For as long as I can remember, I have wanted a cat. In my 20s I would cat-sit for a friend who had adopted a cat from a farm in Michigan. I loved sitting still on the floor with my back to the cat, reading a book, because that was when she’d crawl out from under the bed and demand my attention. As someone who has always hated being the center of attention, I could really appreciate the cat’s desire to crawl under the bed any time a stranger showed up.
I finally got my wish, or rather, my son Eytan’s wish, two years ago. He wanted a cat for years but his father was very allergic to cats so that was the real deal-breaker. But when my husband and I started the divorce process, and he moved out of our house and in with his new girlfriend, Eytan knew there would be a cat in his future.
We began looking for the “right” one. There’s a saying, “I didn’t rescue my cat, my cat rescued me.” In our case, it’s 100% true.
According to her foster (human) mom, Iris had a rough beginning. She was a feral cat who had a litter of three kittens when she was fairly young. Bridget socialized Iris to live with humans, and she was about 18 months old when she came to live with us. She was up to date on her shots and had been spayed. We signed the papers and brought her home.
And then we lost her. In the house. Rule #1 of bringing a cat home: only open the carrier in a confined space. Not the kitchen. She was gone, hiding somewhere in a dark corner under a piece of furniture. But damned if I could find her. And neither could anyone else. I left out plenty of water, food, and her litter box, and since we could tell she was eating, drinking, and using the litter box, we knew she was alive and living in the house—we just didn’t know where.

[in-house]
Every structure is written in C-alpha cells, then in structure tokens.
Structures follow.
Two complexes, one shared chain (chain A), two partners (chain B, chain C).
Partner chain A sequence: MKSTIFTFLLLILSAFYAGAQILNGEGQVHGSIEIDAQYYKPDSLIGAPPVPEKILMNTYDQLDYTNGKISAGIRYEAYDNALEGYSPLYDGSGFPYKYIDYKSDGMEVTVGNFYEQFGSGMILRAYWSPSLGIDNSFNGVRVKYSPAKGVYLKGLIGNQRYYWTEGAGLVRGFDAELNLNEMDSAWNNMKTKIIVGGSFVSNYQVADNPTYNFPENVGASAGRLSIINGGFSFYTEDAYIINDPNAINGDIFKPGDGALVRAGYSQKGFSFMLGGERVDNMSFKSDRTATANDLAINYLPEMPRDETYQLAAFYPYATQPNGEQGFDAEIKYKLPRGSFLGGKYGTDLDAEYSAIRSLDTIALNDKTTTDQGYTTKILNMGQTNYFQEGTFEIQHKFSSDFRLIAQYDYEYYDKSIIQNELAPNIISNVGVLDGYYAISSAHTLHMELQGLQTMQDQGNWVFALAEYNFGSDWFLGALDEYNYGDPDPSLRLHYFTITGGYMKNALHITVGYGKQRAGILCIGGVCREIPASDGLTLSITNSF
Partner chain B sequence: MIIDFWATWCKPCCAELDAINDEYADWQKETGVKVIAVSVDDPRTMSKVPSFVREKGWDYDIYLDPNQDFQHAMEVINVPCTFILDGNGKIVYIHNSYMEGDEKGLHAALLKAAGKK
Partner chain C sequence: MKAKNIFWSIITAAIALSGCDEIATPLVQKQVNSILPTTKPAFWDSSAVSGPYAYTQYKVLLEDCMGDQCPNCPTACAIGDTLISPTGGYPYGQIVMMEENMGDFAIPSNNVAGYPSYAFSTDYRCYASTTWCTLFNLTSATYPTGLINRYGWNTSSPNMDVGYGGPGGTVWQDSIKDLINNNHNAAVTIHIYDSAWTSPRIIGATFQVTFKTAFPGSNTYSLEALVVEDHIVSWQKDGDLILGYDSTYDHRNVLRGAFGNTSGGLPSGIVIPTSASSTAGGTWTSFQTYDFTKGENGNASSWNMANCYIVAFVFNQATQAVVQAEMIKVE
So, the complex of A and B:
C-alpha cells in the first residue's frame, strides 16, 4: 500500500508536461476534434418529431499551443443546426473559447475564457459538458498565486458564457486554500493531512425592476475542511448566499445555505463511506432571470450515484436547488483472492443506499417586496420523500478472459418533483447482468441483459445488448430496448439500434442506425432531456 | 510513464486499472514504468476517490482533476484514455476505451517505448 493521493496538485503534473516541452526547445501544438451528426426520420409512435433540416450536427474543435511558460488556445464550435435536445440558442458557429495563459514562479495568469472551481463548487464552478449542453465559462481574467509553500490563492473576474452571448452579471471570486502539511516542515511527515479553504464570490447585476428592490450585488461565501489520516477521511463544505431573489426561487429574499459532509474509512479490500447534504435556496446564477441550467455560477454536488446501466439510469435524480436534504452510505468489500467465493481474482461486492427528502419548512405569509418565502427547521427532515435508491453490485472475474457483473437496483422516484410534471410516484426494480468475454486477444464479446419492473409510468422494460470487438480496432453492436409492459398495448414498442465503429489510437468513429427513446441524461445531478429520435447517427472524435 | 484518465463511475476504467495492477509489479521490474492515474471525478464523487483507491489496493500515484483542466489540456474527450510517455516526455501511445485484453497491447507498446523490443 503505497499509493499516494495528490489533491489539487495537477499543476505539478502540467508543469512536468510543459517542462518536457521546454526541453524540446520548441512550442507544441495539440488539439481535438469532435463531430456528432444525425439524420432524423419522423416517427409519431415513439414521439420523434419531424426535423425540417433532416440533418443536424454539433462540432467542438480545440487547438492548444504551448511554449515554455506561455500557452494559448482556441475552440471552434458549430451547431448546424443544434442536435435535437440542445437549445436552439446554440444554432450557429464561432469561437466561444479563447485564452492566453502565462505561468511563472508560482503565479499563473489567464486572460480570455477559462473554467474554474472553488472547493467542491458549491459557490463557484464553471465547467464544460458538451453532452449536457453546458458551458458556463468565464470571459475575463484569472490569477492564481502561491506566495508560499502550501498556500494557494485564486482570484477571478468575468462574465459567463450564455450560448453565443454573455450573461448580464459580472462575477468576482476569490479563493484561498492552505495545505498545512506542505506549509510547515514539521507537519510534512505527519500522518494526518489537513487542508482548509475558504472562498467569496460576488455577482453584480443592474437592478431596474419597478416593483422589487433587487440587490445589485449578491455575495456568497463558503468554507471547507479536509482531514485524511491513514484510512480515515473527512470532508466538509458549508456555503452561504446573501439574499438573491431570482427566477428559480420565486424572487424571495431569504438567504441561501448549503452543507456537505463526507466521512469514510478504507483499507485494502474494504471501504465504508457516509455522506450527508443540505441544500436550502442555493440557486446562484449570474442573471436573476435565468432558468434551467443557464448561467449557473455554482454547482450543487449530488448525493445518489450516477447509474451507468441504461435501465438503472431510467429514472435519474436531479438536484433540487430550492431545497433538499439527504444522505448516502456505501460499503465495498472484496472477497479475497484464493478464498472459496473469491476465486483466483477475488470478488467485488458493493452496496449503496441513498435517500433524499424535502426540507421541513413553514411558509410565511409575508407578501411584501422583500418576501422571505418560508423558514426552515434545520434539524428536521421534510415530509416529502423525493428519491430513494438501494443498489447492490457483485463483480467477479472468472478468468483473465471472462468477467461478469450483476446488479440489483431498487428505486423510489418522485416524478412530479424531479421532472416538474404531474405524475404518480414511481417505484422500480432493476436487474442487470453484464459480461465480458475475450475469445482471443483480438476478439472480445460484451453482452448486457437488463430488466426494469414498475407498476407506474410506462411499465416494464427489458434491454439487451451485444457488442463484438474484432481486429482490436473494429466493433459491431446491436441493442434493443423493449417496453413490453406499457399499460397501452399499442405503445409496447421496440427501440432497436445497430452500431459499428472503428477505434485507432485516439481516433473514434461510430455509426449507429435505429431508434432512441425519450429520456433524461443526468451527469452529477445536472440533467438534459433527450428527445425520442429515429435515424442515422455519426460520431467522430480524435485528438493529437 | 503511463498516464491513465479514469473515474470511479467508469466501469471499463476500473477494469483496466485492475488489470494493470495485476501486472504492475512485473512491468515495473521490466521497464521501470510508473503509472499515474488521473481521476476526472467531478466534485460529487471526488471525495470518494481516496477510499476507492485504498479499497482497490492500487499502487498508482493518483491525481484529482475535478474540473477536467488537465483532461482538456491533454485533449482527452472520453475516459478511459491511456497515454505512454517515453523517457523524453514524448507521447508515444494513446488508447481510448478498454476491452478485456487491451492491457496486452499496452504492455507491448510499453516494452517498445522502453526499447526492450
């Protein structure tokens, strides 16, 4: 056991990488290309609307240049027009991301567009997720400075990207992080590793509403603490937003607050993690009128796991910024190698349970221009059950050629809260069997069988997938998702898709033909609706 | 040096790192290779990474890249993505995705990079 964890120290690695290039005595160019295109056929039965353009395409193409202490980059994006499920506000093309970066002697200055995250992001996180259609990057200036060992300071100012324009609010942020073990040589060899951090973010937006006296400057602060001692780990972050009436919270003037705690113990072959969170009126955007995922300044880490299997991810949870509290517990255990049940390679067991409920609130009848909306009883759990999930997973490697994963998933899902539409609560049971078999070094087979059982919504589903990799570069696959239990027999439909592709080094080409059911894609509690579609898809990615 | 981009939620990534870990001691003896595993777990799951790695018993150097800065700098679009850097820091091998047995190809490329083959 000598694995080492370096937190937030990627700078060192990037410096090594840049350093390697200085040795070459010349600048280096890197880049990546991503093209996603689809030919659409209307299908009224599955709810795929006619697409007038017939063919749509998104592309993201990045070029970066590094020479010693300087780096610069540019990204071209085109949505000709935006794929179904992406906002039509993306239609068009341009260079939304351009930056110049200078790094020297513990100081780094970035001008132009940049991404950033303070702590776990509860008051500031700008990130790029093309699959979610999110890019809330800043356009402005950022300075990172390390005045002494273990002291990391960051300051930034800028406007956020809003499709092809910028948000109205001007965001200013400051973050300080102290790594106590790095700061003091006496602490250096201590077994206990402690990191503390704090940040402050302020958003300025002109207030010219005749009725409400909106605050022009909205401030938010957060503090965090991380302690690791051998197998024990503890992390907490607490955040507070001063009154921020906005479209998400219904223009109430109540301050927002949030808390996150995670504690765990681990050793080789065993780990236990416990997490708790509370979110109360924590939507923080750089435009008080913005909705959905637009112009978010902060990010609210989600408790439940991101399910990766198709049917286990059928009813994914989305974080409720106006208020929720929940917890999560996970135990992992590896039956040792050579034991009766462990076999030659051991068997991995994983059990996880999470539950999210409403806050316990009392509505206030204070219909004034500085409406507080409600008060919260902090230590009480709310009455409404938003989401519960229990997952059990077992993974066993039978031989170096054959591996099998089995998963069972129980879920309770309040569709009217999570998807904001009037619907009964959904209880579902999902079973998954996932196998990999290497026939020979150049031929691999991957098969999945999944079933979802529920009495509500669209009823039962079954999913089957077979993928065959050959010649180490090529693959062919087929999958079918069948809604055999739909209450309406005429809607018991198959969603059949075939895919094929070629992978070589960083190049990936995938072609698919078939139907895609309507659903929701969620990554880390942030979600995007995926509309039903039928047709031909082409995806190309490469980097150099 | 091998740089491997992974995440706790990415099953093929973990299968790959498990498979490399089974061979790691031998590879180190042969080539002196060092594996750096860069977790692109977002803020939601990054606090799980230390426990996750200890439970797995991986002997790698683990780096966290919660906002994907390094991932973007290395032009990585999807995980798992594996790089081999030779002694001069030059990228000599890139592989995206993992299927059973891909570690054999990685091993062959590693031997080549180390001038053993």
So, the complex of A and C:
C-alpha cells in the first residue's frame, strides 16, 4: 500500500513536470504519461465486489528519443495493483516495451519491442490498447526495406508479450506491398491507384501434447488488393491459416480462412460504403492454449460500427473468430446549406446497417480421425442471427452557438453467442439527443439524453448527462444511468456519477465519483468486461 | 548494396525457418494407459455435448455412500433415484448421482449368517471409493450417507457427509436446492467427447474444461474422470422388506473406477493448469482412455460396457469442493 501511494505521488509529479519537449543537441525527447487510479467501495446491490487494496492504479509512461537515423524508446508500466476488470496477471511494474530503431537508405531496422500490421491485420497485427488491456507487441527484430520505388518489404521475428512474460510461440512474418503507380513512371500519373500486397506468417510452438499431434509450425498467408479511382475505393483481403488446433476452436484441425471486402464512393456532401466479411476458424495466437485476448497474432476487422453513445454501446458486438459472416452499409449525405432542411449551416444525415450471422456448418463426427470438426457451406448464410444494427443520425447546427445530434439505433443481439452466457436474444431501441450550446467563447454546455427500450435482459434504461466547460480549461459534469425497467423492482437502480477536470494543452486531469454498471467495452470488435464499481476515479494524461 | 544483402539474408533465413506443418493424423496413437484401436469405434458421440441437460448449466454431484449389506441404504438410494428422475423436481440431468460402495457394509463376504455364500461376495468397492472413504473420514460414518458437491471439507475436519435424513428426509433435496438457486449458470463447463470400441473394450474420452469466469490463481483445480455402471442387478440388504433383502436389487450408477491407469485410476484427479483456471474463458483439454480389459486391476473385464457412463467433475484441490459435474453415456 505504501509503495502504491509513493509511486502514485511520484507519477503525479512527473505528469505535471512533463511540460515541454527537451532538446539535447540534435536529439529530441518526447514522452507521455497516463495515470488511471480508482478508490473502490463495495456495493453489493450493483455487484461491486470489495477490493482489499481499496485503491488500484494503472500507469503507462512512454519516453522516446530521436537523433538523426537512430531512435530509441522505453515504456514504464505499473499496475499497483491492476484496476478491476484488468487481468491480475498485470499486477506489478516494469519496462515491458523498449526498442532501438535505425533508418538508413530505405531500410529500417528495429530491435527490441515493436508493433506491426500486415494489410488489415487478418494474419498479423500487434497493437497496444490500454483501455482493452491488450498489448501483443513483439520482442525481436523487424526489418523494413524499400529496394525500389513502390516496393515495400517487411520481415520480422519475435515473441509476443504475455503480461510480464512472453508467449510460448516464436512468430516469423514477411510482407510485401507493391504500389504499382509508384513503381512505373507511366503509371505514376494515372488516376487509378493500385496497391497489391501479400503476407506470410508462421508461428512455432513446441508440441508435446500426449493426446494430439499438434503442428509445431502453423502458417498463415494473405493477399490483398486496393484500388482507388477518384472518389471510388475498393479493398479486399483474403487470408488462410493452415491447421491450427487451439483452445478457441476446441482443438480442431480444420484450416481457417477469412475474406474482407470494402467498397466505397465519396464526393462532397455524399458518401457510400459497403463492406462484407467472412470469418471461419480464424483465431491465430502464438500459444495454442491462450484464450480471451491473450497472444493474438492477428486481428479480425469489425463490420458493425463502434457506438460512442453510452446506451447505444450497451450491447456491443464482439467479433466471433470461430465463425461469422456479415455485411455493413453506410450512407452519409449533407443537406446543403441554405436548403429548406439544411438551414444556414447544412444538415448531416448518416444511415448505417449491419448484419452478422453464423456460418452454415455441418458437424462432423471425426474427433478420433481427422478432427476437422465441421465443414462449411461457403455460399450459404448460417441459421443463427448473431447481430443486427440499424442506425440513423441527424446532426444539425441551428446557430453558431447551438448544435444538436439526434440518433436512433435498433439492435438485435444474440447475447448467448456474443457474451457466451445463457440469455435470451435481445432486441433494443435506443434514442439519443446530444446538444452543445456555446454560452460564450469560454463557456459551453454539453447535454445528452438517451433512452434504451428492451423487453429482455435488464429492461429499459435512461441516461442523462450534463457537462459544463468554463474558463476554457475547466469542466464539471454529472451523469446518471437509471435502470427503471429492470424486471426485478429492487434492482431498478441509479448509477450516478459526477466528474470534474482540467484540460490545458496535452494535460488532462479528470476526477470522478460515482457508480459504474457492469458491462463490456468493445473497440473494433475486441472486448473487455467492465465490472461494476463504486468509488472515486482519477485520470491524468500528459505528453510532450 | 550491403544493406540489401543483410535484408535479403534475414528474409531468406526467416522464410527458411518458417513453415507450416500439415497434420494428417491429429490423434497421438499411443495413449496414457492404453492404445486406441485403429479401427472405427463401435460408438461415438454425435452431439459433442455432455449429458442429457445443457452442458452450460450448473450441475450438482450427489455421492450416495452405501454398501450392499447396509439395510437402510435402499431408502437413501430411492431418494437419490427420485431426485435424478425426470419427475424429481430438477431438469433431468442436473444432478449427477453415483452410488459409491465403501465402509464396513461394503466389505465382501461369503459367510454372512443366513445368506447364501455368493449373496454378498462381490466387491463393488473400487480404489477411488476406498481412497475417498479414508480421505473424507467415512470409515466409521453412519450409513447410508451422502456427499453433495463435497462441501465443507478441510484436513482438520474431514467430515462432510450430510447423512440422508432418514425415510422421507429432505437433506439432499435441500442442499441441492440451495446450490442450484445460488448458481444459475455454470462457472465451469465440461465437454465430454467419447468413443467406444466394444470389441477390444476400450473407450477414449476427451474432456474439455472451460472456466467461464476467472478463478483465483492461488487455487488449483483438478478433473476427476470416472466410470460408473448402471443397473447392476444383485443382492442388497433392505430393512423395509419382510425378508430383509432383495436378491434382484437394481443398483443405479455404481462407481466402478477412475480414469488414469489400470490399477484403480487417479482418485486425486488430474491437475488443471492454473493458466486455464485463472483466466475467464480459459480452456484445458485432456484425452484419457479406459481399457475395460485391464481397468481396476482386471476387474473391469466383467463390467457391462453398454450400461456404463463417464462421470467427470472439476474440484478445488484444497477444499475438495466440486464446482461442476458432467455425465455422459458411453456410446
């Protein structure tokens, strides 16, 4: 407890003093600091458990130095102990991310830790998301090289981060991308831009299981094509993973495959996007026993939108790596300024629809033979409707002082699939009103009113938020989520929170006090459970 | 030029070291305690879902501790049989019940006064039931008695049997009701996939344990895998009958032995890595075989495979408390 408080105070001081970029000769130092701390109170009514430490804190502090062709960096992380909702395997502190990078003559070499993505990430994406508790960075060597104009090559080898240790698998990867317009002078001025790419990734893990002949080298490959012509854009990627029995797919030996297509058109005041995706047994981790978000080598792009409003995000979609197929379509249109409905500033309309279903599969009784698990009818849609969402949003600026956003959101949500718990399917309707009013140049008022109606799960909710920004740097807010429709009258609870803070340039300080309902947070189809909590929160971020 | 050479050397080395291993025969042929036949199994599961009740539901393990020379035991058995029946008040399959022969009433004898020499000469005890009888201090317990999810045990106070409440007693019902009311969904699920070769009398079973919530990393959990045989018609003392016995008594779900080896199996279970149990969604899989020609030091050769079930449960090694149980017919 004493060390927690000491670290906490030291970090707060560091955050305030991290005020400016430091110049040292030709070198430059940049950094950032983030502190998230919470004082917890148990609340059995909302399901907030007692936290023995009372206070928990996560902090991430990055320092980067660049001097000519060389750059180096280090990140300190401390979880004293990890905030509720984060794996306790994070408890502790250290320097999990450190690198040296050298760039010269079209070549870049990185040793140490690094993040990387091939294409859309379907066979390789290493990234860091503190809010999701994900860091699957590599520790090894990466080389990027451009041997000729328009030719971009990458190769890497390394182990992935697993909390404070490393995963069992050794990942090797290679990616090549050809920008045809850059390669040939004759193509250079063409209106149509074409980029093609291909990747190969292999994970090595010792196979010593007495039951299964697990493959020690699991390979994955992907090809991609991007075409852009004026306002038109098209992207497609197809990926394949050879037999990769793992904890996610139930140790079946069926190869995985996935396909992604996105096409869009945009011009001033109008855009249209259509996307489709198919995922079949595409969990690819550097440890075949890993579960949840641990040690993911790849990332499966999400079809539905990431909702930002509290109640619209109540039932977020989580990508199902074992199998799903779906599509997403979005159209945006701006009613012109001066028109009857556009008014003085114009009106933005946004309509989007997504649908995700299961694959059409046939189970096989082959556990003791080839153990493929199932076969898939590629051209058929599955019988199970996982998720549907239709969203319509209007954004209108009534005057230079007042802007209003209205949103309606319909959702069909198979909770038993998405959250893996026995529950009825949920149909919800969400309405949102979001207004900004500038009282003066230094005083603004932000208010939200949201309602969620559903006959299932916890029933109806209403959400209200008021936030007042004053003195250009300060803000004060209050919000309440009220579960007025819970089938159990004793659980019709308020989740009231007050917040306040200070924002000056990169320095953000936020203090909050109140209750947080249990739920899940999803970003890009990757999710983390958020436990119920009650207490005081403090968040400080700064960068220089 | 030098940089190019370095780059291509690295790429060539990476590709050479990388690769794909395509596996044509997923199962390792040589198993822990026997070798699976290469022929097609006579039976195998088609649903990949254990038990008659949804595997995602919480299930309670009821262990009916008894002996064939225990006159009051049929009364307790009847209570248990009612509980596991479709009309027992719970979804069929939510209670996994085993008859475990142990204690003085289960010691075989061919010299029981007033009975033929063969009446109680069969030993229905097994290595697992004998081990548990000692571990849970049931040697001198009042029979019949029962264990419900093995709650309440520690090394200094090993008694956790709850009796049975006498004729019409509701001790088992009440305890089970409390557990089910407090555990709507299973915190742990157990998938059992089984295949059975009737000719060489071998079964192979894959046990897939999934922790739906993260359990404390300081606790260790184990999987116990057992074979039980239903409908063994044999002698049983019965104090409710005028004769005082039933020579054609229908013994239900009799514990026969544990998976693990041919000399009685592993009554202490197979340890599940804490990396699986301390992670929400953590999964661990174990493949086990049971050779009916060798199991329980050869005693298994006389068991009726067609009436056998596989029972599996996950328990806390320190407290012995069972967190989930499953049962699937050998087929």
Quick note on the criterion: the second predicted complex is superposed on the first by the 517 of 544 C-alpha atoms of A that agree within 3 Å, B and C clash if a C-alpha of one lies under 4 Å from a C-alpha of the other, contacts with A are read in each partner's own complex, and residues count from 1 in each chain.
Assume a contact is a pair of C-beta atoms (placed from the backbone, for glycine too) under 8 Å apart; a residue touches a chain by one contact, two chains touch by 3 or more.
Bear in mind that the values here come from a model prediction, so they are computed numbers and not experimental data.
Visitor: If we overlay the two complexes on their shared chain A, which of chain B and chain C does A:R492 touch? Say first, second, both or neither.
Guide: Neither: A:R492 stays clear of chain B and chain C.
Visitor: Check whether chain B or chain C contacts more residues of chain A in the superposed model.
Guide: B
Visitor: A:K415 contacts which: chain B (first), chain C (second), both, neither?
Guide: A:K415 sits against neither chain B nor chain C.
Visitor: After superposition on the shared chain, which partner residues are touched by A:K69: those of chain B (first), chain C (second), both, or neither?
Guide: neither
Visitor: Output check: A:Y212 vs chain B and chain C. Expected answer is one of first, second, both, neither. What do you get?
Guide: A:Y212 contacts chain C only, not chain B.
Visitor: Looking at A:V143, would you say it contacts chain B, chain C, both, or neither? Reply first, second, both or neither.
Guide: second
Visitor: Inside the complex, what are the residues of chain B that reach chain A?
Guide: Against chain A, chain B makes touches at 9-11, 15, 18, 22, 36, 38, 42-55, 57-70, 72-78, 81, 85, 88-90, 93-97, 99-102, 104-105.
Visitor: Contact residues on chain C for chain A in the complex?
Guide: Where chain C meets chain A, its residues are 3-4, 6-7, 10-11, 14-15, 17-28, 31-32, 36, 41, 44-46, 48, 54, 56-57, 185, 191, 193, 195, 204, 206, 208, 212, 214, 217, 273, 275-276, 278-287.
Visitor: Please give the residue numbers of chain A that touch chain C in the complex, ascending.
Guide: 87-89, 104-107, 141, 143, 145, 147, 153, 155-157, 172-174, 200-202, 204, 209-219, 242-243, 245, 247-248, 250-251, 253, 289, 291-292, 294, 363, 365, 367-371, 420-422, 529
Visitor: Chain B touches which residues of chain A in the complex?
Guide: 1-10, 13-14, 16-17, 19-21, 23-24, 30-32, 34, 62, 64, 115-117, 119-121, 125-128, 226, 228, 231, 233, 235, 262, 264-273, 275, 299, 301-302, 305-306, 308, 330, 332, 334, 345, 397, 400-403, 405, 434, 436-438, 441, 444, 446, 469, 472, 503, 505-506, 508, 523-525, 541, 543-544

Like Iris, the kids and I were going through a big adjustment. I was getting used to being a single mom and was constantly worried about money. We didn’t know where we’d be living once the divorce was finalized. And going to their father’s house every other weekend sent my daughter Abby into fits of tears—she felt lost and betrayed.
About two weeks after we got her, Eytan finally spotted Iris. He had gotten up to go to the bathroom and saw her tail as she raced to hide under his bed. She was hiding there, too scared to explore. So I moved the litter box, food, and water into Eytan’s room and kept the door closed. Being a cat lover, Eytan was a good sport about having the litter box in his room.
Iris needed to meet us on her own terms. Eventually she ventured out from her hiding spot, still under Eytan’s bed. He discovered that she was intrigued by the sound of his hand scratching the carpet and would come out and explore. Then he’d pet her very gently, just to get her used to his smell and touch.
As she got used to us, we figured out her quirks, just as we started to figure out our “new normal” following the divorce. Our universe had shifted—and not in a good way. As hurt as we were, we needed to heal, support each other, and work together as a team.
Our 8 lb furry Iris became the glue we needed to come together. In the evenings the kids and I would sit on Eytan’s floor and let her climb all over us. She would snuggle into someone’s lap, purring away. Sometimes, all four of us—the kids, Iris, and I—would squeeze onto Eytan’s twin bed so we could be together.
Iris is now 100% part of the family. She has the run of the house and isn’t shy about demanding food, or play time, or plopping herself down on a laptop if it is between her and the lap she wants to snuggle. She’s bossy and has a lot of attitude packed into that tiny body. We can’t imagine life without her.
So I think back to the winter she came to live with us. We were all hurting, and in that hurt we could have turned away from each other. Instead, we got incredibly lucky by seeing Iris conquer her fears. And by learning to take of her, we learned to take care of each other.